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Paffrath a role model on offense

Senior not reluctant to lead at right time
Friday, November 19, 2004 | 12:00 a.m. CST; updated 10:55 p.m. CDT, Sunday, July 6, 2008

With the loss of All-Big 12 linemen Rob Droege and A.J. Ricker after the 2003 season, there were concerns heading into this season about the play of the offensive line.

Senior Scott Paffrath filled the leadership void among the linemen, however, and has molded the inexperienced group into a solid unit.

Paffrath said he does not look at himself as a team spokesperson, but senior guard Joe Gianino said Paffrath, a 6-foot-5, 290-pound tackle, has excelled in that role this season, and as a result, has helped the line become solid.

“He does a great job as a vocal leader,” Gianino said. “He’s been a starter for three years, as I have myself, and this whole offseason we kind of came together. We knew we had to get these young guys ready. So, that’s been our focus, to bring this unit together and making sure there’s been no setbacks and for the most part, I think we’ve played pretty well up front.”

Although he doesn’t consider himself a vocal leader, Paffrath does admit to speaking up when the situation demands it.

“I probably am with the offensive line more than anything,” Paffrath said. “I try not to say a whole lot; I say something when something needs to be said. I think people that talk too much sometimes tend to fall on deaf ears when you do that, so I just try to say something when it is needed and sometimes it may not be needed, but I’m still going to say something.”

Paffrath, while discouraged with the path his senior season has taken, has used his spot as a leader to bolster Missouri’s future. He is showing redshirt freshmen Tyler Luellen and Adam Spieker the tricks to playing offensive line. Gianino said that task is nothing special; instead it is part of the seniors’ job to prepare the underclassmen.

“But that’s our job. People did it for us when we were younger,” Gianino said. “They are redshirt freshmen. Scott and I got on the field when we were redshirt sophomores and that whole year is just a whole different deal. Redshirt freshmen, I mean you have to learn a lot. Those two young guys have come a long way and are doing pretty good.”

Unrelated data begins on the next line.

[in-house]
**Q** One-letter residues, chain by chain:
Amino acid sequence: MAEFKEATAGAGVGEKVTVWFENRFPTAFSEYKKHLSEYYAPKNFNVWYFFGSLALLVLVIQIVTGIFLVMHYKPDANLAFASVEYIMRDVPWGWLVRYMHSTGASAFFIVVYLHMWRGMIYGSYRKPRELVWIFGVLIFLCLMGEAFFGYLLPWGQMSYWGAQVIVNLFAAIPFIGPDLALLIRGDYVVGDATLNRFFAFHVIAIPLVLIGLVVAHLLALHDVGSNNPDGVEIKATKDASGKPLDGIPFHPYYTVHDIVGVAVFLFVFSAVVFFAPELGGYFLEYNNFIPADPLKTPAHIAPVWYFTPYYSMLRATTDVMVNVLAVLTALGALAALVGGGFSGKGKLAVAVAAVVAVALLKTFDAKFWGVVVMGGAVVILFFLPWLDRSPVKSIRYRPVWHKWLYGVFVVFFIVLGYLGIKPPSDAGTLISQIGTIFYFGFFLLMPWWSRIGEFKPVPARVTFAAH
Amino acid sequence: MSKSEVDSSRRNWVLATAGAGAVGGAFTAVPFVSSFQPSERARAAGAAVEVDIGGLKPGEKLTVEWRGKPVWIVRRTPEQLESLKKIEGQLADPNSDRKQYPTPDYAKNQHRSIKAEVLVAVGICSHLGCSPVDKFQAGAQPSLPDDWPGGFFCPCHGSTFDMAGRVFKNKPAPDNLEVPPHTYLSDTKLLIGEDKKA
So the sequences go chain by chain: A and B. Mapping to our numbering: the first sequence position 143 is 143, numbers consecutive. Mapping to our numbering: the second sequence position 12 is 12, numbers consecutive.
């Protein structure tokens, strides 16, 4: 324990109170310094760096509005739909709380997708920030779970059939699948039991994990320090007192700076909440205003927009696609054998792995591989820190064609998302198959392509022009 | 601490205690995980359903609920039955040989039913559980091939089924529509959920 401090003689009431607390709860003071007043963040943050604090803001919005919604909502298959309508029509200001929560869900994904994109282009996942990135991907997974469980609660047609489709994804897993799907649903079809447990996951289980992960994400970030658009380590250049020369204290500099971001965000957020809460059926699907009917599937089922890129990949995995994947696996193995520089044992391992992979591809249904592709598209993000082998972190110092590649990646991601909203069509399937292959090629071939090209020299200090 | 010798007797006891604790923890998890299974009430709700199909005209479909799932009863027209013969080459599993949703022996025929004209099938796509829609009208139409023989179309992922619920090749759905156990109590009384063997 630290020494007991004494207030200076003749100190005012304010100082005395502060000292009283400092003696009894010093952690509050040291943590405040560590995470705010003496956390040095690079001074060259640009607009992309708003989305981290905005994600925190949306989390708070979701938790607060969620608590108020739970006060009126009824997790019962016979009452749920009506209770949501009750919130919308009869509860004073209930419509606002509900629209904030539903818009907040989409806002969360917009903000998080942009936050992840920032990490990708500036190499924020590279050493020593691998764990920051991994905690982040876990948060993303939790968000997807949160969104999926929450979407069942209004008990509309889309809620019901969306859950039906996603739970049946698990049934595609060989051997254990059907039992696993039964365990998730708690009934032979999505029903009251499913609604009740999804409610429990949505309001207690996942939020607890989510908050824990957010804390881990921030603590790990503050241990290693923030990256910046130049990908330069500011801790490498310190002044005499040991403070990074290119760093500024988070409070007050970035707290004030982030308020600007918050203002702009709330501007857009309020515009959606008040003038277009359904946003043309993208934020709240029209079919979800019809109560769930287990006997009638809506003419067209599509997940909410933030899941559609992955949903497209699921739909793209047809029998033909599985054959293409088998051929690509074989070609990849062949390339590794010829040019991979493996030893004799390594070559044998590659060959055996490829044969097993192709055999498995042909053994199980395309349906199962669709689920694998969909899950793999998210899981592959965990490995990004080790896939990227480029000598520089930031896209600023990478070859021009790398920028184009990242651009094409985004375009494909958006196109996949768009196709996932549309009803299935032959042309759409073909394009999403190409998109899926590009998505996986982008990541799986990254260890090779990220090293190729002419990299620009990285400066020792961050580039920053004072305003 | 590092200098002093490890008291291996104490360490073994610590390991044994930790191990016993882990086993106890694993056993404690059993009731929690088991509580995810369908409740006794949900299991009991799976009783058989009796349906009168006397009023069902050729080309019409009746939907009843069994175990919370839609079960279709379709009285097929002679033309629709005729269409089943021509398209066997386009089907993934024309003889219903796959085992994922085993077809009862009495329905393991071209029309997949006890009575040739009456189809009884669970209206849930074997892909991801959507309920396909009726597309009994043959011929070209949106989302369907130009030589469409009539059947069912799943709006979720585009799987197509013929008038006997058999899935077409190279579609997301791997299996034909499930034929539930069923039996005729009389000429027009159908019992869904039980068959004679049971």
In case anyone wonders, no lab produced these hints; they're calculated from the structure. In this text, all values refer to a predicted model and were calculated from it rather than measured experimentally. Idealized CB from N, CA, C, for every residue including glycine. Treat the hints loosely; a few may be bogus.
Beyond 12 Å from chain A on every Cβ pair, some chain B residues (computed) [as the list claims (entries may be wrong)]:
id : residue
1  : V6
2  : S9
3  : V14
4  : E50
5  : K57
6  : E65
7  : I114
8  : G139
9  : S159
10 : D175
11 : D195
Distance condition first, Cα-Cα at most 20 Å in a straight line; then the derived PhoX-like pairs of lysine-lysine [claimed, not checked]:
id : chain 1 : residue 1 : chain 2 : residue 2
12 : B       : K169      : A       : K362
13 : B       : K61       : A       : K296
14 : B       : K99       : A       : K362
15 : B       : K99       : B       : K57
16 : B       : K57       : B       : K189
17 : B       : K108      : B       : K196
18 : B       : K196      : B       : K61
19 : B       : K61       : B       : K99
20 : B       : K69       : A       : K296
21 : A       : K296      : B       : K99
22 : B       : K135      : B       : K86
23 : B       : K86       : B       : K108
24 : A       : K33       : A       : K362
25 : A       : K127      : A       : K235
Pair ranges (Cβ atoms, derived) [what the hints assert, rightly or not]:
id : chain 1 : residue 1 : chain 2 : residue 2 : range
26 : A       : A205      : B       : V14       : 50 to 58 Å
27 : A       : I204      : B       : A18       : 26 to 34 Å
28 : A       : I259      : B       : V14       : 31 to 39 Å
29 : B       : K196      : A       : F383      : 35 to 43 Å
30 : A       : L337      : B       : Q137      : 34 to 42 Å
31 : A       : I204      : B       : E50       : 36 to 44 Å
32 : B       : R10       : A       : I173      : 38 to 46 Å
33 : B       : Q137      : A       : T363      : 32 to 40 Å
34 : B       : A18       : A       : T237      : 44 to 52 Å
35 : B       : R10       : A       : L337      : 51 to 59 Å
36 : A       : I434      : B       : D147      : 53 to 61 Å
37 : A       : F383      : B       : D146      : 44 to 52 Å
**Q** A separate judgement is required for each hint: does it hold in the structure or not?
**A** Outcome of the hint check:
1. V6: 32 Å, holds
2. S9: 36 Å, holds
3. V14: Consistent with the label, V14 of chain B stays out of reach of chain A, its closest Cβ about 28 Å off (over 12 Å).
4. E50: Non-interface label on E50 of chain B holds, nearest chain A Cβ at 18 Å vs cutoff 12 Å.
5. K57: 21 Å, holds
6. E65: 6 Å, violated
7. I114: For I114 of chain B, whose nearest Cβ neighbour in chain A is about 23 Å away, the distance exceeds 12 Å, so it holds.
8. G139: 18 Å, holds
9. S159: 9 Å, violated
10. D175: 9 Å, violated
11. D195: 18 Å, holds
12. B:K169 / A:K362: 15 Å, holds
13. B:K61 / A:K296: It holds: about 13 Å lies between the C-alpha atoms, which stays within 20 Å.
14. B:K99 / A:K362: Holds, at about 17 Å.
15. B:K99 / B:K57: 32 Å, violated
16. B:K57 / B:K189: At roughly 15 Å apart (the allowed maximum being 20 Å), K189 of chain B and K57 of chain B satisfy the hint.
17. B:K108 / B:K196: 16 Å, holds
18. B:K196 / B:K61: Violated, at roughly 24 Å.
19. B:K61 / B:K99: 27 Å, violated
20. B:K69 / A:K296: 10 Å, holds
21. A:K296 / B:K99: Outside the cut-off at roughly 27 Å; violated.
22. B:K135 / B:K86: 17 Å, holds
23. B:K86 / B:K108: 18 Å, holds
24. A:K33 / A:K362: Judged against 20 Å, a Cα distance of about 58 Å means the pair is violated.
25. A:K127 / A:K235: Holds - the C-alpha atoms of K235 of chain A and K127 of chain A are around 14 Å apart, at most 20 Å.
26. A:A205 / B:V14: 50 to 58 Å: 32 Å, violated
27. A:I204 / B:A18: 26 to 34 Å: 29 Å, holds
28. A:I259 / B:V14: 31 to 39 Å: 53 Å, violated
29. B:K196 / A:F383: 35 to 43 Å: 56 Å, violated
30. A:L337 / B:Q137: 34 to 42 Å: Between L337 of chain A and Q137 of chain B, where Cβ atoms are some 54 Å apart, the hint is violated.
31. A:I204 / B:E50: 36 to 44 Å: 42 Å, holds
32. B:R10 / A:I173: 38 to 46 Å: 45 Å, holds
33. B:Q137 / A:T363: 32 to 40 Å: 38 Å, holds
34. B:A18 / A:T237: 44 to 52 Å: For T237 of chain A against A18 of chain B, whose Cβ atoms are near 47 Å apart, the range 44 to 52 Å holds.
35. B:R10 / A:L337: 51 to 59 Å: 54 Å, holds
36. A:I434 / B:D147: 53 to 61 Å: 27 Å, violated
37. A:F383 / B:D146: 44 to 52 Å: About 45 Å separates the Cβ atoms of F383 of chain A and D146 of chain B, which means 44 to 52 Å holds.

Paffrath agreed with Gianino that it is something former Tigers A.J. Ricker and Rob Droege did for him, but he said the best part of the role is the trust his teammates show in him.

“It feels good first of all that they can trust enough in us, and I’d hope that they trust enough in us in what we tell them,” he said.

Paffrath also said there are differences between the lessons that were taught to him and the lessons he is imparting on the newcomers, but the change could lead to big results in the future.

“And as things go, things are going to change a little bit, so we change the way we talk to the guys and the way we treat them,” Paffrath said. “They’re a little bit younger and going into a position a little different from what Joe and I were around. But those guys are picking it up pretty well and have matured a whole lot. I think this year is going to be huge for them.

“But it’s nice to see them develop because pretty soon those guys are going to be pretty good ballplayers and they’re going to be on a lot of watch lists and things like that before their careers are over.”

With his career winding down, the senior offensive tackle is not certain what his future holds, but in his time with the Tigers he has found home.

After growing up in St. Louis, Paffrath moved around before his parents settled in Trabuco Canyon, Calif. But to Paffrath,

California was not home. His desire to return to the Midwest, and the presence of family remaining in the St. Louis area, led him to play for the Tigers.

“California really isn’t my style; it’s a little different out there,” Paffrath said. “I have family close and at the time (of deciding to attend Missouri) my brother still went to Illinois State, so he wasn’t that far away.”

Even with the longing for home, it still took more for Paffrath to end up in Columbia; it took a connection between Bob Johnson, his high school coach at Mission Viejo, and then-Missouri coach Larry Smith for Paffrath to become a Tiger.

Johnson’s son, Rob, played for Smith at the University of Southern California from 1991-92. The coaches knew each other and Paffrath soon signed to play for Smith.

“I wanted to come back this way and he knew Larry and it kind of went from there,” he said.

While the Tigers have struggled this season to win games, Paffrath has struggled, despite his vocal abilities, to change the mindsets of friends back in California. He said most know little about Missouri or the Big 12 Conference.

“People in California don’t really understand Big 12 football, I don’t think, all they know is Pac-10 football, and I go back sometimes and people ask where Missouri’s at.”


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